German/Dutch Notes - Migration to America

Focus on Pennsylvania

From Wikipedia, August, 2006

Pennsylvania Dutch from the Palatinate of the Rhine

Many Pennsylvania Dutch, but definitely not all, are descendants of refugees from the Palatinate of the Rhine. For example, most Amish and Mennonite came to the Palatinate and surrounding areas from Switzerland, and so their stay in the Palatinate was of limited duration. However, for the majority of the Pennsylvania Dutch, their roots go much further back in the Palatinate. During the War of the Grand Alliance (1689-97), French troops, under King Louis XIV, pillaged the Palatinate, forcing many Germans to flee. The War of the Palatinate (as it was called in Germany), also called the War of Augsburg, began in 1688 as Louis took claim of the Palatinate, and all major cities of Cologne were decimated. By 1697 the war came to a close with the Treaty of Ryswick, and the Palatinate remained free of French control. However, by 1702, the War of the Spanish Succession began lasting until 1713. French expansionism forced many Palatines to flee as refugees.

Mass emigration of Palatines began out of Germany. In the spring of 1709, Queen Anne had granted refuge to about 7,000 Palatines who had sailed the Rhine to Rotterdam. From here about 3,000 were sent to America either directly, or through England, bound for William Pennís colony. The remaining refugees were sent to England to strengthen the Protestant presence in the county. By 1710, large groups of Palatines had sailed from London, the last group of which was bound for New York. There were 3,200 Palatines on 12 ships that sailed for New York and approximately 470 died en route to America. In New York, under the new Governor, Robert Hunter, Palatines worked for British authorities and produced tar and pitch for the Royal Navy in return for their safe pass age. They also served as a buffer between the French and Natives on the frontier and the English colonies. In 1723, some 33 Palatine families, humiliated under Governor Hunterís rule, migrated from Schoharie, NY, to Tupelhocken, Berks County, PA, where other Palatines had settled.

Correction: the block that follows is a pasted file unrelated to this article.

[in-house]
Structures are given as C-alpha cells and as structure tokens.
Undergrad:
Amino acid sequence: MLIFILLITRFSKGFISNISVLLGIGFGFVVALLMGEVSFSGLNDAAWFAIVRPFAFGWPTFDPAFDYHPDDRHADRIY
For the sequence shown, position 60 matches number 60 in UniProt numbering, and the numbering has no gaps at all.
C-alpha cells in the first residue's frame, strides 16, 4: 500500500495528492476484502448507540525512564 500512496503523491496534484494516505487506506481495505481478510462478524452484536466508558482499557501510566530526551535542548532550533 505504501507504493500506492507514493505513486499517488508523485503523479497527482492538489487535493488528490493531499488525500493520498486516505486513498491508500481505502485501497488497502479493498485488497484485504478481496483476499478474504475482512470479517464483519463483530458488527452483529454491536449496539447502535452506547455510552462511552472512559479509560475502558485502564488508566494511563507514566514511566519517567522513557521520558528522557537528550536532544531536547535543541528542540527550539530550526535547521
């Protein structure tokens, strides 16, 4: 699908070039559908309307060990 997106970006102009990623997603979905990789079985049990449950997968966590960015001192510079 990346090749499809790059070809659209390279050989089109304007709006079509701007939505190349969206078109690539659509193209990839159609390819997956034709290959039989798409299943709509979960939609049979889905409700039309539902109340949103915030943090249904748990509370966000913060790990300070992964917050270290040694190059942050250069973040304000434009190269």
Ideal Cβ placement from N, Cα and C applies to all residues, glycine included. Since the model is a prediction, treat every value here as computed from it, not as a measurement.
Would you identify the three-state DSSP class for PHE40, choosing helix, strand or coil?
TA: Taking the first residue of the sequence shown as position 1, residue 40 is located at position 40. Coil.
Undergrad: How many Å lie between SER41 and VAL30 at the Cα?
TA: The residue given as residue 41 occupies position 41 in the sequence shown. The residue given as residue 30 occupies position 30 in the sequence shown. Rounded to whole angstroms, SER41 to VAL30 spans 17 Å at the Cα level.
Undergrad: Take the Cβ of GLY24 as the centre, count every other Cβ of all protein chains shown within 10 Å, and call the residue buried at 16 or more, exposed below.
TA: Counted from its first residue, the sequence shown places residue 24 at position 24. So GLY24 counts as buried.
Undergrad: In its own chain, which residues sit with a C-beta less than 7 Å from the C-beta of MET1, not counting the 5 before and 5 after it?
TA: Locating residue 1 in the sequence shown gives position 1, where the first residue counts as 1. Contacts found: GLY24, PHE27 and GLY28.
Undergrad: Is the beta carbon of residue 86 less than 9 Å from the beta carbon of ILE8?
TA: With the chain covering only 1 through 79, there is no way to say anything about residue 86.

Sources and Links

Passenger Lists

Added January 2011. Based on one example, a list for a given ship/arrival is not consistent among these sources. Will try to figure out later. See Description of the Lists of German Passengers at the Pennsylvania State Archives.

From: Pennsylvania German Pioneers Research Guide

What's the Difference Between the A, B & C Lists?

Some of the lists in Volume 1 of Pennsylvania German Pioneers contain three slightly different versions of the same list. These are labeled A, B & C. List A is the "Captain's List," the passenger list as prepared by the ship captain. Lists B & C are diffe rent versions of the Oath of Allegiance lists (usually the B lists are Oaths of Allegiance to the King and the C lists are Oaths of Abjuration from the Pope). Some of the different versions of each list have not survived. Many have just one or two. There is only one list for each of the ships in Volume 3. Volume 1 contains Lists 1-324 (with some A, B & C variations). Volume 3 contains Lists 325-506. Some of the later lists in Volume 3 also name the women and children as do a few of the earlier lists.

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